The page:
Muon Suite 1.3.0 Released

March 4, 2012

After seven months of development, (sorry it slipped, I was a bit busy with school) I’m proud to announce the release of version 1.3.0 of the Muon Suite.

The Muon Package Management Suite is a collection of package management applications that make package management easy on Debian-based systems, whether or not you know what “package management” means. Packages for Kubuntu 11.10 “Oneiric Ocelot” are available in the QApt  PPA. Packages for the development version of Kubuntu 12.04 are available through the official repositories.

The focus of this release has been refining the various applications in the Muon Suite to be rock-solid. All reported crashes have been fixed, leaving zero crash reports open in the bug tracker. 😀 This being said, Muon Suite 1.3 is not without some very nifty new features, including a totally new Update Manager to replace the old updater that was just a stripped-down version of the Muon Package Manager, as well as some additional bling for the Muon Software Center.

I would like to also thank the KDE translation team for their awesome work this cycle. The Muon Suite is now over 70% translated in 29 different languages, making it accessible to a wide variety of users across the world. Thanks a bunch, kde-l10n!

What’s New

Muon Update Manager

By far the biggest feature for 1.3, the Muon Update Manager has seen a rewrite. Before, the Muon Update Manager was really just a stripped down version of the Muon Package Manager, with the filters and package search removed. The new design for 1.3 was built with an update management workflow in mind, and is much more user-friendly and update-oriented.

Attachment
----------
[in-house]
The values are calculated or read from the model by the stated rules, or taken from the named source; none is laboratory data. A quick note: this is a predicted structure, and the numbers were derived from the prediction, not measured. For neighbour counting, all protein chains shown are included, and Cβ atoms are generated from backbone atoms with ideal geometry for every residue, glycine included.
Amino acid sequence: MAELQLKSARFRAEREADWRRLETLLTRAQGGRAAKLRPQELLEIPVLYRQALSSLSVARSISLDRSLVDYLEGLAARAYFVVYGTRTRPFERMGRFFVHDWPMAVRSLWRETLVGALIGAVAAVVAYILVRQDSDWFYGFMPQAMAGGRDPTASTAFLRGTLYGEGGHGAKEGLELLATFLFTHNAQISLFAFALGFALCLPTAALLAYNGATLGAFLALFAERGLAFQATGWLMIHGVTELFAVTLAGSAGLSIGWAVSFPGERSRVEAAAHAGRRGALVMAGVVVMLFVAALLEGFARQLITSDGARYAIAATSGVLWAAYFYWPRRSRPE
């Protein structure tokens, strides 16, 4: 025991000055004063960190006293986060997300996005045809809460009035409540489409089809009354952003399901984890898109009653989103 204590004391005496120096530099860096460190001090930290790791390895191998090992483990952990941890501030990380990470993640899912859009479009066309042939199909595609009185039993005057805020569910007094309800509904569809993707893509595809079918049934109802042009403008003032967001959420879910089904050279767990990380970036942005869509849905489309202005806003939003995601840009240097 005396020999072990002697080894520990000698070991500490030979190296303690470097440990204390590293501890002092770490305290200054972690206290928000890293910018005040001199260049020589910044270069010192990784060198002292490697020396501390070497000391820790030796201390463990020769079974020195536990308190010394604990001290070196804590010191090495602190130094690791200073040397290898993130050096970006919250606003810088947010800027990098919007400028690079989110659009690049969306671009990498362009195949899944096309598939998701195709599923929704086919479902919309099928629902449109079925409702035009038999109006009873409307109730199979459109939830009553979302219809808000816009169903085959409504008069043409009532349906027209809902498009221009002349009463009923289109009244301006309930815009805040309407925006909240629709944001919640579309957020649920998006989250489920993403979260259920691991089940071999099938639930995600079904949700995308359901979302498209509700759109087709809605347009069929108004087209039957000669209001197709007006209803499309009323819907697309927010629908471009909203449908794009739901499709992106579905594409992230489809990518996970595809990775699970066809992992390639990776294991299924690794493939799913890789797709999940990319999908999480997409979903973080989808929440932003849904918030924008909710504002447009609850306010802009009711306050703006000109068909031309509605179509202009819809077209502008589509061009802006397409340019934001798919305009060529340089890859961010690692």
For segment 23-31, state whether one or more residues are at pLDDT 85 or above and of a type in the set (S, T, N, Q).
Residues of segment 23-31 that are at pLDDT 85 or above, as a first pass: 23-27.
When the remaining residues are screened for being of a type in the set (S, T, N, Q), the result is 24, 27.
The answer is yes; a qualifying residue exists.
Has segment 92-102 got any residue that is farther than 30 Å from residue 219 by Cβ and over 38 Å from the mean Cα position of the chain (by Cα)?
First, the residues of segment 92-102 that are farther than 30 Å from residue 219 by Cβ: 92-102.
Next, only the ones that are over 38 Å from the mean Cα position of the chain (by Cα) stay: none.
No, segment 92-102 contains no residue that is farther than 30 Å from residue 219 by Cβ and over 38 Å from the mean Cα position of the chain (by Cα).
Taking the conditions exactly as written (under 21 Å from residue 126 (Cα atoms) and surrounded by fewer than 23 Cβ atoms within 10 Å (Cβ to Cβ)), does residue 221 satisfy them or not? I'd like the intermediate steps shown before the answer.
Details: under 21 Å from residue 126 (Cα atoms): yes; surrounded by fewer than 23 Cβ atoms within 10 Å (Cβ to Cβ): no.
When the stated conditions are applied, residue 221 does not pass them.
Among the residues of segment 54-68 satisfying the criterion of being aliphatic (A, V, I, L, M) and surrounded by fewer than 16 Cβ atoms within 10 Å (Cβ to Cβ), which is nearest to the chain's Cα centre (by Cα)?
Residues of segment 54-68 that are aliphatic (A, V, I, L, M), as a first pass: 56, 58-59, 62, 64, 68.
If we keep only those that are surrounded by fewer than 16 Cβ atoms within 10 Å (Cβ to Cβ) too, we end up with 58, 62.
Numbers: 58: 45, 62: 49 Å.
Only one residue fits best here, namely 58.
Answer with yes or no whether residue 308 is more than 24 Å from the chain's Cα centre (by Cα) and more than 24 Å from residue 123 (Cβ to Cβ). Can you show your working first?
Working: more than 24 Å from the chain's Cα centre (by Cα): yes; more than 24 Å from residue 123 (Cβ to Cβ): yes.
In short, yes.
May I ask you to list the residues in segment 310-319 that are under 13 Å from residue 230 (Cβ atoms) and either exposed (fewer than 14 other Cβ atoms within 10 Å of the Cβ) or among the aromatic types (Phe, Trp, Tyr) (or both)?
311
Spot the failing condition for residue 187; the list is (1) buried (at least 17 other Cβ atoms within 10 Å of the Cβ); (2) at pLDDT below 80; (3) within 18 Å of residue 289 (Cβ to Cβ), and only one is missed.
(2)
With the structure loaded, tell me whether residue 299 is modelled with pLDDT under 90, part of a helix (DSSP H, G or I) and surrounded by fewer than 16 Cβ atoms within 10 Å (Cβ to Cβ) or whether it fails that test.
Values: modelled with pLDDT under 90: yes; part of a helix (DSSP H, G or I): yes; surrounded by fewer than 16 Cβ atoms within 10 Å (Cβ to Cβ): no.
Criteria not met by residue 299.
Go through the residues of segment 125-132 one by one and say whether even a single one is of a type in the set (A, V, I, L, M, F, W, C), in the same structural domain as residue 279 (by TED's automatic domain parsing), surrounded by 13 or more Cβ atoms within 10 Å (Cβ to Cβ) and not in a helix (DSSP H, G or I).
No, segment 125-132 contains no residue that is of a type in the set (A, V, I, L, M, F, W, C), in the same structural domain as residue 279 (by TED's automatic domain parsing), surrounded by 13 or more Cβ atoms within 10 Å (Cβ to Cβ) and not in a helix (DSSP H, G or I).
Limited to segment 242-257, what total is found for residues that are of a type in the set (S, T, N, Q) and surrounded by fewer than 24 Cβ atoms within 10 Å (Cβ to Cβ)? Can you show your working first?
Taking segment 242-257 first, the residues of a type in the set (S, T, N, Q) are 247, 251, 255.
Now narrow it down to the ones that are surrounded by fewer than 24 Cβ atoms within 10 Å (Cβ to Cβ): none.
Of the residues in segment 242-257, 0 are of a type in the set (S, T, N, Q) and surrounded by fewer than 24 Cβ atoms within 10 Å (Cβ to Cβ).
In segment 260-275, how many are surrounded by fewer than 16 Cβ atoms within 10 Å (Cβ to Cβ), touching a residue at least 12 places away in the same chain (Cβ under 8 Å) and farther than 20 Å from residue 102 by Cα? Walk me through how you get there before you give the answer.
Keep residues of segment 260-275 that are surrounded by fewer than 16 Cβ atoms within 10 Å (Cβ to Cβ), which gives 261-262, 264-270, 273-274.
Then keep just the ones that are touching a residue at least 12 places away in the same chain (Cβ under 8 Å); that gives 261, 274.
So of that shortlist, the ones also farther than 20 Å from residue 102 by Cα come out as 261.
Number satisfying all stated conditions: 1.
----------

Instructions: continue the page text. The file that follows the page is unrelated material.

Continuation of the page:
New Update Manager

Updates are split up into three sections: Application Updates for applications, System Updates for packages that aren’t applications (libraries and other boring stuff.), and security updates for updates that fix vulnerabilities in the software on your computer. This segregation allows users to easily check out what’s new with what they really care about (Changes in their applications), without having to wade through a bunch of library packages that they have no idea about in regards to what they are.

Clicking on an item will cause a changelog viewer to expand with a smooth animation to display all Debian changelog entries since the version currently installed. Updates that require the installation of new packages/removal of other packages are not selected by default, but can be selected separately (along with a dialog showing the required changes.)

Changelog View

During update installation, a progress bar shows download and installation progress. (Download speed is shown once APT has had enough time to make a sensible reading, it had not had time to make a sane estimate by the time I took the below screenshot.)

Download Progress

The updater also provides a warning about starting an update while not connected to power. If the power becomes disconnected at any point before during the update, the warning will show up.The warning animates in nicely and will go away on its own when the power is plugged back in.

Unplugged Laptop Warning

All in all, I feel that the Muon Update Manager provides a very smooth, slick, and easy-to-use interface for managing updates. Additionally, the Muon Update Manager can now be launched manually from the “System” section of Kickoff/Simple KMenu.

Muon Software Center

  • The package name has been added to the version string on the application details page.
  • The Muon Software Center now warns you when removing an application will remove other packages.